Soup is a good way to eat vegetables. They are appetizing and make vegetables more appetizing. You can also combine multiple vegetables in one meal. Making vegetable soups is easier than cooking elaborate vegetable-based meals.
In many cases, the hardest part of the cooking process is cleaning and washing your vegetables. But eating vegetables in soup is a quick way to increase your intake of fiber, minerals, and vitamins.
Many people go for vegetable soups because there’s no limit to the spicing options.
You can make soup sweet, sour, spicy, or a mix to ensure greater appeal to your taste buds. Cooking the veggies into a broth gives you tasty, nutrient-filled water to go along with the vegetable lumps.
Does Homemade Vegetable Soup Have Nutrients?
Homemade vegetable soup has nutrients. The number and type of vegetables in the soup determine the quantity and quality of nutrients available to you per serving. A bowl of vegetable soup made of broccoli, chili peppers, and tomatoes is rich in nutrients.
However, another bowl of soup that contains cucumbers, lentils, broccoli, mushrooms, and fresh spring peas is richer.
Is Homemade Vegetable Soup Good for You?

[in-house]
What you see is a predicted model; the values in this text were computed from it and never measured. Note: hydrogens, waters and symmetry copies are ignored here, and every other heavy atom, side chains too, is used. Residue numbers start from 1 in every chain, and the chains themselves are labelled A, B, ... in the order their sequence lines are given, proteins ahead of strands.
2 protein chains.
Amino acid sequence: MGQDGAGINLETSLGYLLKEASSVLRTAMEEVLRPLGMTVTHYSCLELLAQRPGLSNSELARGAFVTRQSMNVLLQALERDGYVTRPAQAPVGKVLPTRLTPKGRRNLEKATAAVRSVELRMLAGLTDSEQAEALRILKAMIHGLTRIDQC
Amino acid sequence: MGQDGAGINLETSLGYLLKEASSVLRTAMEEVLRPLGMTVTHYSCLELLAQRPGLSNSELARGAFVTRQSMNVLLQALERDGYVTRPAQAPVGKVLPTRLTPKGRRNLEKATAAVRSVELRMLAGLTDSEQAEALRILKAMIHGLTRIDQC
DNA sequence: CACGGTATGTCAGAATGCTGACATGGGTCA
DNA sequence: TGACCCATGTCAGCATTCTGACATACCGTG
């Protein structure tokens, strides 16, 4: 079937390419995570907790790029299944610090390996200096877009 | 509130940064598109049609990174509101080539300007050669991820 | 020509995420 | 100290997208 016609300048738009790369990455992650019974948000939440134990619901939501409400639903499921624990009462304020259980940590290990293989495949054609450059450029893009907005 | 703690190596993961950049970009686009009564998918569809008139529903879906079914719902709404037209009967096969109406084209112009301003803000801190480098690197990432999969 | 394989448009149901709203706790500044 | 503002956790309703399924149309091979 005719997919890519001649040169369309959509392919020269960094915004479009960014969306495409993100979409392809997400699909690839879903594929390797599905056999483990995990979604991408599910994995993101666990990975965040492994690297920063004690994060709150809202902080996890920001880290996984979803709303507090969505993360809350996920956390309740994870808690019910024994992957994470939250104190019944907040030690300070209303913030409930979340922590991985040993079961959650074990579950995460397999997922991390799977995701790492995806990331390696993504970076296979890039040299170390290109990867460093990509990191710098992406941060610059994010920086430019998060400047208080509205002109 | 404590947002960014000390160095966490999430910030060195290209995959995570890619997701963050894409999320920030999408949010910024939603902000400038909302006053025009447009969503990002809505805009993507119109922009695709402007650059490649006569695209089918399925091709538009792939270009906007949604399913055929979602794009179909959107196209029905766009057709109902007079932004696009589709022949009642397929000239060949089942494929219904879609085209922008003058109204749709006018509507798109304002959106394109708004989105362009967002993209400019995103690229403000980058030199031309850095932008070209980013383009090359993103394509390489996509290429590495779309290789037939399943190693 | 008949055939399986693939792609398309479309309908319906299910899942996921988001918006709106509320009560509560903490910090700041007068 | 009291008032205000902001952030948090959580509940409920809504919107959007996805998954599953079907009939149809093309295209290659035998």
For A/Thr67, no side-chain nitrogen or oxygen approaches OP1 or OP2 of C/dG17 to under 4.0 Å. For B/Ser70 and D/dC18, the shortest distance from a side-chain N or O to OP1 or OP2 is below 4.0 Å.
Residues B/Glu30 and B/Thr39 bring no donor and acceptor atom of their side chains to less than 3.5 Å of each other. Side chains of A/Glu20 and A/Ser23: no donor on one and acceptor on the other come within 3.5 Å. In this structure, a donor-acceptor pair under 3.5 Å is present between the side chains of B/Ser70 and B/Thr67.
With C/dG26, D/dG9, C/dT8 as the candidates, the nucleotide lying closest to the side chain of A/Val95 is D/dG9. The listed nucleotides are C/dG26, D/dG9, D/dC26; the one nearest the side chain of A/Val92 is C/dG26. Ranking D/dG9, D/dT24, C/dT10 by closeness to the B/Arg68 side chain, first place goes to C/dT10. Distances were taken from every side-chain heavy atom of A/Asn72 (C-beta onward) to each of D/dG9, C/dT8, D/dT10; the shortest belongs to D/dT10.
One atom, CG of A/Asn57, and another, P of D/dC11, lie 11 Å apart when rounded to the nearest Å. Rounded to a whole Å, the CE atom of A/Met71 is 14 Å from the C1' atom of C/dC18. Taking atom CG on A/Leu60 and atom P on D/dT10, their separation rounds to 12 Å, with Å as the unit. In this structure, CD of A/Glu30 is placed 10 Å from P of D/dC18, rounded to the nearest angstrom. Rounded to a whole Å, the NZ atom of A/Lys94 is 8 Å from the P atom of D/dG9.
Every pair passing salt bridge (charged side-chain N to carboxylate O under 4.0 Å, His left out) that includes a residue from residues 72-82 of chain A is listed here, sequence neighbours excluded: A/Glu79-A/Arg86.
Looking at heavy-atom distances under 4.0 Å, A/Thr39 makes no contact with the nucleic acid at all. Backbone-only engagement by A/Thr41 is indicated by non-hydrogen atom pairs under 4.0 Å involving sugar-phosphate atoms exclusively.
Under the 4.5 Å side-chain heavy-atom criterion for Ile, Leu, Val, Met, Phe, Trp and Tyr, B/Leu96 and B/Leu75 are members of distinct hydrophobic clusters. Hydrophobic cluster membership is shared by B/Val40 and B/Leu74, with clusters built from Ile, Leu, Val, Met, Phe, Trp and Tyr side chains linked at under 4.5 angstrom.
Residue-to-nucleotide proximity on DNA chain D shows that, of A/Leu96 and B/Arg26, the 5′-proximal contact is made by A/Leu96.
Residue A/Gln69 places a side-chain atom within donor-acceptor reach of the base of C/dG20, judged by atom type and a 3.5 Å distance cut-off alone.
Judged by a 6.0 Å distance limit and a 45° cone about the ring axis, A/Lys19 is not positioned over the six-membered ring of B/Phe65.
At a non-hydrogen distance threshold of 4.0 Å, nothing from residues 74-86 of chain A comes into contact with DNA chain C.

Homemade vegetable soup is good for you. All vegetable-based soups are low in calories but high in key nutrients. If you’re looking to avoid low-nutrient and high-calorie meals, vegetable soups provide a quick and filling alternative.
When you eat a low-calorie vegetable-based soup before eating your main meal, you’re likely to reduce your calorie consumption in that meal by 20% or more.
The soup fills you up, ensuring that you need to eat less.
Making homemade vegetable soups a regular fixture in your meal plans ensures you’re getting your daily recommended intake of water-soluble vitamins such as Vitamin B, C, and K. It also provides you with a steady supply of dietary fiber and a wide range of minerals.
Furthermore, eating homemade vegetable soup can help your weight loss goals. Apart from the fact that it helps you eat fewer calories per day, vegetables like celery, onions, and leeks rich in potassium help the body get rid of excess fluid.